Legendary Broadway producer Max Bialystock (Chap Wolff) has recently produced a string of flops and is in danger of going broke. To his rescue comes dweeby accountant Leo Bloom (Will Johnson) who offhandedly comments that you could actually make millions by producing a flop guaranteed to close after opening night. Max thinks it is a brilliant idea and convinces Leo to partner with him. So they find the worst play in the world, “Springtime for Hitler,” and the worst director in New York, Roger DeBris (Henry Talbot Dorset), and Bialystock funds the play by – as their sexy female star and secretary Ulla Inga Hansen Benson Yansen Tallen Hallen Svaden Swanson (Hayley Ewerz)  succinctly puts it – schtupping every rich old lady in New York.
How that scheme works out is no surprise to anyone, but the path they take to get there is a comedy riot filled with great songs, fabulous dancing (choreography by Ashley Roy), and a riot of outstanding costumes designed by Lauren Wells.
To this reviewer’s eye, the most challenging and delightful thing about the production is Roy’s choreography, which includes tap dancing and nods to just about every dance tradition in musical comedy history with complicated movement by 20 cast members in a small space.
Wolff and Johnson are outstanding as Bialystock and Bloom with over-the-top acting and dancing and singing. It needs noting that on opening night Wolff was a stand-in for Brad Cerenzia, who was injured during rehearsals and might or might not return to his role. Wolff had only a week to learn his lines and rehearse, and his performance was flawless.
Ewerz is suitably steamy as the sex-starved Swede Ulla, who schedules sex every day at 11. She sings and struts marvelously on the seductive song “When You’ve Got it, Flaunt it.”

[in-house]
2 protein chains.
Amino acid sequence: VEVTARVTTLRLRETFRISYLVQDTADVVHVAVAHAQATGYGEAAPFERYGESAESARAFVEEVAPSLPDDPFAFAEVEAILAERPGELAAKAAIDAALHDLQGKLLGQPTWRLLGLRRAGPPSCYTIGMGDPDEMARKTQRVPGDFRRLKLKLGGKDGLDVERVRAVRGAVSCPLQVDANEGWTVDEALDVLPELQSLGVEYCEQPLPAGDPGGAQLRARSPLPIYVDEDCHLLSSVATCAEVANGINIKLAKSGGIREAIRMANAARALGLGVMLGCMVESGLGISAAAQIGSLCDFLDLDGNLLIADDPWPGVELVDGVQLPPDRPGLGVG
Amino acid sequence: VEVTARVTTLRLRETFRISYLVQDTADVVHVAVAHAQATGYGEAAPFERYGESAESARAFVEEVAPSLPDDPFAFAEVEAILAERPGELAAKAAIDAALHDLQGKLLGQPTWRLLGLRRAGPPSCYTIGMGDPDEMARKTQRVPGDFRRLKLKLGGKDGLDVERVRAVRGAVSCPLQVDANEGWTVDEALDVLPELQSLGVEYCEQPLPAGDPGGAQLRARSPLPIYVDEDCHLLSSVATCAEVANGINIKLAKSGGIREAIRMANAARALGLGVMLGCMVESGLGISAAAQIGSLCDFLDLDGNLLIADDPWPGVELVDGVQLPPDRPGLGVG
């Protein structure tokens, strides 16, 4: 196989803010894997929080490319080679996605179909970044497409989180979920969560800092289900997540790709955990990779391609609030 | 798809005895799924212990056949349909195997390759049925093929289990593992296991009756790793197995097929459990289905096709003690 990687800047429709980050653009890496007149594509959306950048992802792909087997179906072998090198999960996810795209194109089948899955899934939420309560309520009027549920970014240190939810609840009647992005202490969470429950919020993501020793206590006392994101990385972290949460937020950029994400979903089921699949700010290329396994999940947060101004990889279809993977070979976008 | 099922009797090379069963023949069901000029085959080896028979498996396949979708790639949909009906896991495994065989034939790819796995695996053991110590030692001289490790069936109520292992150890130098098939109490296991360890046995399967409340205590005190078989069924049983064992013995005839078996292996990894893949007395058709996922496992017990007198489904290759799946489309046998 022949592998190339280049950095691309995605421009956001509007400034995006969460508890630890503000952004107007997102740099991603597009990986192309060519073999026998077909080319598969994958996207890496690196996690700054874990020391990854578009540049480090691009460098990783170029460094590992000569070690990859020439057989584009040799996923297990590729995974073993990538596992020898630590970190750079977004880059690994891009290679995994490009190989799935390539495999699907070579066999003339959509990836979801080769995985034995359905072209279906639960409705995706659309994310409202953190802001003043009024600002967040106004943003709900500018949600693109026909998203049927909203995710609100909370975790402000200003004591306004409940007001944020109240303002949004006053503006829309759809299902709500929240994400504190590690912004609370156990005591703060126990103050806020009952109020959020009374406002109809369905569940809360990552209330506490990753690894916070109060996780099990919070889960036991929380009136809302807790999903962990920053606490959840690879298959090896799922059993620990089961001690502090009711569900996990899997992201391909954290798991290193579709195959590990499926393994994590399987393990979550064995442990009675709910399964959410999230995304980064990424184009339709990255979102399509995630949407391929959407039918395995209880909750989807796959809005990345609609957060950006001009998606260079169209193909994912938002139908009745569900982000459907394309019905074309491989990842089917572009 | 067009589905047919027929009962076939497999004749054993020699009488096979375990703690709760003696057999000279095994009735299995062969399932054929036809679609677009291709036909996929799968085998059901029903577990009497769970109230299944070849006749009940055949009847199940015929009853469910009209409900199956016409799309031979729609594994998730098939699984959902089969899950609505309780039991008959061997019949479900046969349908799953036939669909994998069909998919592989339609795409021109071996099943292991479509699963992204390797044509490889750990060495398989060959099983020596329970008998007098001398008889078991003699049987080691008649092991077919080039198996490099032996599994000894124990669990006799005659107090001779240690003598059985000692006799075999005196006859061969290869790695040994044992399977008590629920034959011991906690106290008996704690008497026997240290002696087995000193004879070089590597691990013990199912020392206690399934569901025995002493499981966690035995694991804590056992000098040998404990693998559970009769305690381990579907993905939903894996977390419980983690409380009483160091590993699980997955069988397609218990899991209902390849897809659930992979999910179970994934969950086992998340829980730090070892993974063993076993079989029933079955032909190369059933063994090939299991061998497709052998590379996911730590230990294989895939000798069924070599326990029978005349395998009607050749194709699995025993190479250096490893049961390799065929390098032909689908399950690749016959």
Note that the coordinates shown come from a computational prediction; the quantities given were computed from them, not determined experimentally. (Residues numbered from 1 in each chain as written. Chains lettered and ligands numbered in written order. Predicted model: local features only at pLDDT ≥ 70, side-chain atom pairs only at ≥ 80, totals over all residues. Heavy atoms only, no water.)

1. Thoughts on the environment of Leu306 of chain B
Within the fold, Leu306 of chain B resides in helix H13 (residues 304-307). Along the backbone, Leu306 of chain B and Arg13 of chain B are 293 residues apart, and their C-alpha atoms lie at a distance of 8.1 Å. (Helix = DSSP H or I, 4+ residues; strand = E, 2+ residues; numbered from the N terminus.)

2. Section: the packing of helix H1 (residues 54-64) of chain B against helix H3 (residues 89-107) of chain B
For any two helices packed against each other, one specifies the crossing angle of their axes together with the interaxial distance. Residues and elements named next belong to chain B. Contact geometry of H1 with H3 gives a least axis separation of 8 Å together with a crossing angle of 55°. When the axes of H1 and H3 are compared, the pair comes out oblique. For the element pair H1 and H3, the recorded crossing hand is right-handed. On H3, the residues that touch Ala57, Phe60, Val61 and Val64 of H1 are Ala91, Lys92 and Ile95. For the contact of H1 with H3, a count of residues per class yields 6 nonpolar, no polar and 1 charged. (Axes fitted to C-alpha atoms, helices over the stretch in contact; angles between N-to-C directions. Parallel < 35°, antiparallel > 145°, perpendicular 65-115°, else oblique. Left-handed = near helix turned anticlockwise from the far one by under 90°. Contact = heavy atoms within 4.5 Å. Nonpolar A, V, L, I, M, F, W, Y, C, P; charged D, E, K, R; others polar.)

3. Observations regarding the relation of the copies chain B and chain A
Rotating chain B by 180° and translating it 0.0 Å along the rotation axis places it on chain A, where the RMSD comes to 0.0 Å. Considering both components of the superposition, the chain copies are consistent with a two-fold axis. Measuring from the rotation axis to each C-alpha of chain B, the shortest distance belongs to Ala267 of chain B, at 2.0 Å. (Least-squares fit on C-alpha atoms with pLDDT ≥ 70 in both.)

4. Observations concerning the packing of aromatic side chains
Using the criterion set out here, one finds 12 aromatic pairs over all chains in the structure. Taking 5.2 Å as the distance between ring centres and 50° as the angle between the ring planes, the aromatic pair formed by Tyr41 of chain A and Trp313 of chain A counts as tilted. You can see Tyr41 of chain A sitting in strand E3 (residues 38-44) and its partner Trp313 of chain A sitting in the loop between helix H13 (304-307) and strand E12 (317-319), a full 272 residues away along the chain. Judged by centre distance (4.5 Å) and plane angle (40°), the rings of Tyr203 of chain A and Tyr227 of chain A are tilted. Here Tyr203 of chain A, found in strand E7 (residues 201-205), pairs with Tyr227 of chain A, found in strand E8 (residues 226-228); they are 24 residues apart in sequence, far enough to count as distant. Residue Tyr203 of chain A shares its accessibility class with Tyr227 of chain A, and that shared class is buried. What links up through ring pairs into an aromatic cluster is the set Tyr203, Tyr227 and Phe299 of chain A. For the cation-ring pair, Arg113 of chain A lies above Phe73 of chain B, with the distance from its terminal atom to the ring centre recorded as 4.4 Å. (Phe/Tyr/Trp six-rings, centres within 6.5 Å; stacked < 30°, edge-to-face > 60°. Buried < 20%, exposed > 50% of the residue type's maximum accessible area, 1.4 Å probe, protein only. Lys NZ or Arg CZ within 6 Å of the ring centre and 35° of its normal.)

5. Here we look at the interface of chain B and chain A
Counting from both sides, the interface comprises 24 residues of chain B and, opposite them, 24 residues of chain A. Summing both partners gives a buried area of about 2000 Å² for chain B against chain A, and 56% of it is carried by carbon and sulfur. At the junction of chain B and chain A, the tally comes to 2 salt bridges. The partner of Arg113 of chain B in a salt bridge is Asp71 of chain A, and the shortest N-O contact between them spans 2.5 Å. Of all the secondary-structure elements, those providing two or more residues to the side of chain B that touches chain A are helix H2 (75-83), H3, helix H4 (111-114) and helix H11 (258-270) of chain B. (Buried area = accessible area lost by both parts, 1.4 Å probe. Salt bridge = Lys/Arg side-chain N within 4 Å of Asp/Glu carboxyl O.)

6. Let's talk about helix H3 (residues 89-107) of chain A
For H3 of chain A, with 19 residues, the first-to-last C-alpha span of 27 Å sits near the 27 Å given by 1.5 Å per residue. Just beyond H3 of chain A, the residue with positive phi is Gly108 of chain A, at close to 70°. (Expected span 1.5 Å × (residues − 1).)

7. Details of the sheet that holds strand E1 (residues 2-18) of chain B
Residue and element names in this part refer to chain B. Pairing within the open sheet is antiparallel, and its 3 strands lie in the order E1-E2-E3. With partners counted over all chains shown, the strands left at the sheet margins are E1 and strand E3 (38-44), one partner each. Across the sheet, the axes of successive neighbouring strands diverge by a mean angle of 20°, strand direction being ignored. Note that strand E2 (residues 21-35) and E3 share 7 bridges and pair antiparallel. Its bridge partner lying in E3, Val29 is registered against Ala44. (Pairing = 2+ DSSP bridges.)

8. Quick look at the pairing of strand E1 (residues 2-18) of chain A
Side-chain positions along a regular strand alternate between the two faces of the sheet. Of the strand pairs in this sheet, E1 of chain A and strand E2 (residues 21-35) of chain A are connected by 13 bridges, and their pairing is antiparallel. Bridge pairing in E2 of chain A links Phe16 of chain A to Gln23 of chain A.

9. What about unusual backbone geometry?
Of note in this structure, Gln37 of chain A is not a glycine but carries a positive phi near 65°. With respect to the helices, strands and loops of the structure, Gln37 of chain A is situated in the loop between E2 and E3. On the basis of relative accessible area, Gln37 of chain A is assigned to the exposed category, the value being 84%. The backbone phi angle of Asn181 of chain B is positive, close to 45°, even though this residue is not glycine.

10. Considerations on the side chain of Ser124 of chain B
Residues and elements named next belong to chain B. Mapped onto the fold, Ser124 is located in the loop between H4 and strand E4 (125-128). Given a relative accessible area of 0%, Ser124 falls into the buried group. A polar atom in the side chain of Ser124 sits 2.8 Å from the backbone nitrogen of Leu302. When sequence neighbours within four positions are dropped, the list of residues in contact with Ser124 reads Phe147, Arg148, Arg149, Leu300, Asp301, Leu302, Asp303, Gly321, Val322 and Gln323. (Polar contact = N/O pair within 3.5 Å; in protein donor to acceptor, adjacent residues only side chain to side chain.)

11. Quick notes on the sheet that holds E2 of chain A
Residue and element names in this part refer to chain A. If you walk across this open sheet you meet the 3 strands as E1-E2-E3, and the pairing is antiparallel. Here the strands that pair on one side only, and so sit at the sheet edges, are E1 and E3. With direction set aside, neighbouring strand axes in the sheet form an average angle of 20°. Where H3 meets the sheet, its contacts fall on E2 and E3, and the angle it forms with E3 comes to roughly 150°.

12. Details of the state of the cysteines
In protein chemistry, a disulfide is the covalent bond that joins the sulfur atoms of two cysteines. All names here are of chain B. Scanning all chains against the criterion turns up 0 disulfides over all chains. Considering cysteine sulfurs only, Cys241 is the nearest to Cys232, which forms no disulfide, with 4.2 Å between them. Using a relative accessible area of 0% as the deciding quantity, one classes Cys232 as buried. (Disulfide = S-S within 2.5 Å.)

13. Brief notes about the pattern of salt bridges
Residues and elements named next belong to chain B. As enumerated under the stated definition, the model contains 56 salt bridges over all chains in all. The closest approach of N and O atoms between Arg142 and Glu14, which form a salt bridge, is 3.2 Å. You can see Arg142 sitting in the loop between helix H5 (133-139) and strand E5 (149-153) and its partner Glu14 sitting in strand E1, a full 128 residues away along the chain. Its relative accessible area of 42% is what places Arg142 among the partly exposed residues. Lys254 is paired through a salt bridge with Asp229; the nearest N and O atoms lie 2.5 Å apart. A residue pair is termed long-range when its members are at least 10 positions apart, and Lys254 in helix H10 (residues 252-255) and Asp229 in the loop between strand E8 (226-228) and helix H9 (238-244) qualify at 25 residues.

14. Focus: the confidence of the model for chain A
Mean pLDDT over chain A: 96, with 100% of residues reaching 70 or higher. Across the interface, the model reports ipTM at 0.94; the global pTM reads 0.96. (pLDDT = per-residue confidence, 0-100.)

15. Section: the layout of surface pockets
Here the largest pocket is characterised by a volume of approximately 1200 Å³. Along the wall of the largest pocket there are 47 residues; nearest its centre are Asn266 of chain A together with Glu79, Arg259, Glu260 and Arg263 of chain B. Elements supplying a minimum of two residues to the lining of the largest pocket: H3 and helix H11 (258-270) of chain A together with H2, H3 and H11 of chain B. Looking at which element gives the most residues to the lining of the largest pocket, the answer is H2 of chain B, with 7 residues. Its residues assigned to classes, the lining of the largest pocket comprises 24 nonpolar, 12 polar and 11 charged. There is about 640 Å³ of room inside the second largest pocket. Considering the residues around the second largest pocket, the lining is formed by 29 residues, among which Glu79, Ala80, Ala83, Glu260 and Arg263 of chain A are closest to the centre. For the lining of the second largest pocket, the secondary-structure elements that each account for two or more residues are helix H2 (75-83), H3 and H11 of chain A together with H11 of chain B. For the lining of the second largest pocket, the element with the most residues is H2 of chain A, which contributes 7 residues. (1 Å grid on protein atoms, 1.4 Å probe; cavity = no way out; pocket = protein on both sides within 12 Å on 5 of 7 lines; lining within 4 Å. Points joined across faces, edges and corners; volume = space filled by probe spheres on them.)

Kyle Sinclair as the Nazi pigeon aficionado Franz Liebkind, is a master of broad humor as he ably demonstrated in outstanding performances in “Avenue Q” and “Peter and the Starcatcher.” In “The Producers,” he doubles as an unnamed drunk who crashes the opening scene.
Dorset and his lover, Carmen Ghia (Erik Davis) Parody swishy homosexuals without being offensive, and Dorset does an amazing tap dance to the title song “Springtime for Hitler.”
Every member of the ensemble cast is great, with standout performances by Mark Anthony, Ton L. Williams and LaNita Antoinette Walters.
If you want to laugh ’til you cry while toe-tapping to a fun musical score, take yourself to Lakewood Playhouse for “The Producers.”
Tickets are quickly selling out, so get yours soon. The show runs almost three hours, but every minute zips by.

WHEN: 8 p.m. Friday-Saturday, 2 p.m. Sunday, through July 7
WHERE: Lakewood Playhouse, 5729 Lakewood Towne Center Blvd., Lakewood TICKETS: $30 general admission, $28 military and seniors, $25 students/educators).
INFORMATION: (253) 588-0042, 

Thursday, June 13, 2019

Noël Coward’s Hay Fever at TLT

This1924 comedy is as fresh as ever

By Alec Clayton
Deya Ozburn as Sorel and Rodman Bolek as Simon, photo courtesy Dennis K Photography
Published in the Weekly Volcano, June 13, 2019

A bit of farce and a bit comedy of manners, Noël Coward’s Hay Fever seems as fresh and saucy on stage at Tacoma Little Theatre as it must have when it premiered almost a hundred years ago — thanks to terrific directing by Rick Hornor and an amazing cast headed by Jane McKittrick as the washed-up actress and matriarch of the eccentric Bliss family. It is doubtful there has ever been a more blissful and whacky theatrical family on stage (pun very much intended).
Jane McKittrick as Judith and & Richard W. Scott Pinkston as Richard, courtesy Dennis K Photography